ATHENS AND THE WEST, 458–413
The first recorded alliance was with non-Greek Segesta (or Egesta) in the west of Sicily. The evidence for this comes from an inscription (ML 37), and can be dated either to 458/7 if ‘[Habr]on’ or 454/3 if ‘[Arist]on’ is restored as the name of the archon at the time of the treaty. Whichever date is correct, Athens’ full-scale involvement in the First Peloponnesian War would have made the possibility of serious military support to a small, distant state most unlikely – in 458/7 the Athenians were fighting in Egypt and Greece, and were about to acquire a ‘Land Empire’ in central Greece; in 454/3 the defeat in Egypt had led to a curtailment of expansionist policies (see Chapter 15). At some time in the 440s, possibly after 445, alliances were also made with Leontini, a close neighbour of Syracuse, and Rhegium in southern Italy. The evidence for these comes from inscriptions which record the renewal of these alliances in 433/2 (ML 63 and 64). Such alliances would usually be of at least ten years’ duration, and a date soon after 445 is a distinct possibility as Syracuse’s defeat of Acragas in that year had established its position as the strongest state in the west. Fear of Syracuse’s territorial ambitions would explain Leontini’s and Rhegium’s approach to Athens for protection. However, the Athenians’ defeat in the First Peloponnesian War (462/1-446/5) and the loss of their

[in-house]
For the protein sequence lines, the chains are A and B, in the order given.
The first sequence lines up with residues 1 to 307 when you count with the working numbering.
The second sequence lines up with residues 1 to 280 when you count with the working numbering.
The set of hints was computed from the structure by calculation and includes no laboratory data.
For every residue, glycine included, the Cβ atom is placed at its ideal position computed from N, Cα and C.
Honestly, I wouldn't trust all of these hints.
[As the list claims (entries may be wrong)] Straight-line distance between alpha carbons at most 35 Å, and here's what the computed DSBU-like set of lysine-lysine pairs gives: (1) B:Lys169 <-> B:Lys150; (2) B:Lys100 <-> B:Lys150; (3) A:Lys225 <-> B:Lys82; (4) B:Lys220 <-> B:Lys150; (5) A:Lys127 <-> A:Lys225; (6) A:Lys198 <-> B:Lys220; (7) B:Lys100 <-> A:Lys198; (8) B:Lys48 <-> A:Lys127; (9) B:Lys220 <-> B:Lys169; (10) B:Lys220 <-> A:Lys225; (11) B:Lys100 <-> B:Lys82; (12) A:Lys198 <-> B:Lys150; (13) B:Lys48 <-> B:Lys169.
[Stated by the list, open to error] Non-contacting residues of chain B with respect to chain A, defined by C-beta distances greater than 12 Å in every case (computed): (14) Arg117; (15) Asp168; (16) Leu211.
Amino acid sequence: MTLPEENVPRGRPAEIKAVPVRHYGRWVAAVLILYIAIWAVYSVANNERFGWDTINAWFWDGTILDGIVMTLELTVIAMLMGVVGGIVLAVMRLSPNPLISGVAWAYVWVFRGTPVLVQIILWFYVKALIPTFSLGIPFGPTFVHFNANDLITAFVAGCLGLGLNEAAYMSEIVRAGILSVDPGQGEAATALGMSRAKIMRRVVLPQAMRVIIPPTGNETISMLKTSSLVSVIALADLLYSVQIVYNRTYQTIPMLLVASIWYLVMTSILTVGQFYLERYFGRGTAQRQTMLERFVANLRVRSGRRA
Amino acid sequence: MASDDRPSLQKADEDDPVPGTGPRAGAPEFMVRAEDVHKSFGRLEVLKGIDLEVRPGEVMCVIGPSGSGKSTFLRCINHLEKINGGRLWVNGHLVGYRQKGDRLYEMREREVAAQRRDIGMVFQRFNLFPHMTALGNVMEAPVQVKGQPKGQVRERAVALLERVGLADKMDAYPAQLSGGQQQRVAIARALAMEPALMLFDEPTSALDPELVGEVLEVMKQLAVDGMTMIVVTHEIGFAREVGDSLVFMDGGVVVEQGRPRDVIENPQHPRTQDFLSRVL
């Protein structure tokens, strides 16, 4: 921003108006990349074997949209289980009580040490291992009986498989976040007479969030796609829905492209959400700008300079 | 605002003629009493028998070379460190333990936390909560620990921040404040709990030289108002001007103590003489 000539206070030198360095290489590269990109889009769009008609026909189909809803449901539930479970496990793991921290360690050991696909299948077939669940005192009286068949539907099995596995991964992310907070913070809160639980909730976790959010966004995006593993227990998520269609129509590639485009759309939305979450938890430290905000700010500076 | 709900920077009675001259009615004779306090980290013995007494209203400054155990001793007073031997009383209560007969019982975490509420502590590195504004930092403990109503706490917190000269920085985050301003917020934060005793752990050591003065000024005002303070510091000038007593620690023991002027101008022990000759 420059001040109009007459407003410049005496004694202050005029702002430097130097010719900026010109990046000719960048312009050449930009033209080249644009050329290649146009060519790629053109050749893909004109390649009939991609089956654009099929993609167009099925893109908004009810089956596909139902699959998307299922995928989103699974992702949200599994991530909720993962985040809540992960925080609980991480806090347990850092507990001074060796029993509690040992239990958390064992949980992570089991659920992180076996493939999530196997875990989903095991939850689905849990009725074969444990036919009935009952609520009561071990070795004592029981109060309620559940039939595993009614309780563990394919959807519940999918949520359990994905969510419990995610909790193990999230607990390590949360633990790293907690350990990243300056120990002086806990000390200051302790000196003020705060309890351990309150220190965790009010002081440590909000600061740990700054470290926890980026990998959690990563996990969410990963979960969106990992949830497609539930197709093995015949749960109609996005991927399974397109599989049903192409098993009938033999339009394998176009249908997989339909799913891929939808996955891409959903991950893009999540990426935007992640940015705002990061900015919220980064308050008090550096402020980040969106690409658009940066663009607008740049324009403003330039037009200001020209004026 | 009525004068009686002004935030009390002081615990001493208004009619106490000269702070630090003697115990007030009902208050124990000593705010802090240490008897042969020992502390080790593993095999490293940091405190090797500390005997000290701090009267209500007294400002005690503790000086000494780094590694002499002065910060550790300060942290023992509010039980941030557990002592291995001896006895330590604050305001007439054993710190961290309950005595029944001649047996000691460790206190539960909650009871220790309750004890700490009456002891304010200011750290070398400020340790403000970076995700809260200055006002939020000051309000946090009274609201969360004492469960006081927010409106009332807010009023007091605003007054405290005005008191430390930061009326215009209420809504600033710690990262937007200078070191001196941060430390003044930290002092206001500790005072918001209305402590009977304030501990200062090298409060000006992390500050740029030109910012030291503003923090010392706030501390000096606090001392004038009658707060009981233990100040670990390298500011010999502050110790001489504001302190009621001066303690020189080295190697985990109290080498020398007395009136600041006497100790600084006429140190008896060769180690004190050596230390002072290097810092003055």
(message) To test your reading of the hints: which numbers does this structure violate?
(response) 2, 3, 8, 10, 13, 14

‘Land Empire’ would be sufficient reasons to avoid any military commitments, and a diplomatic alliance was the most likely outcome at this time.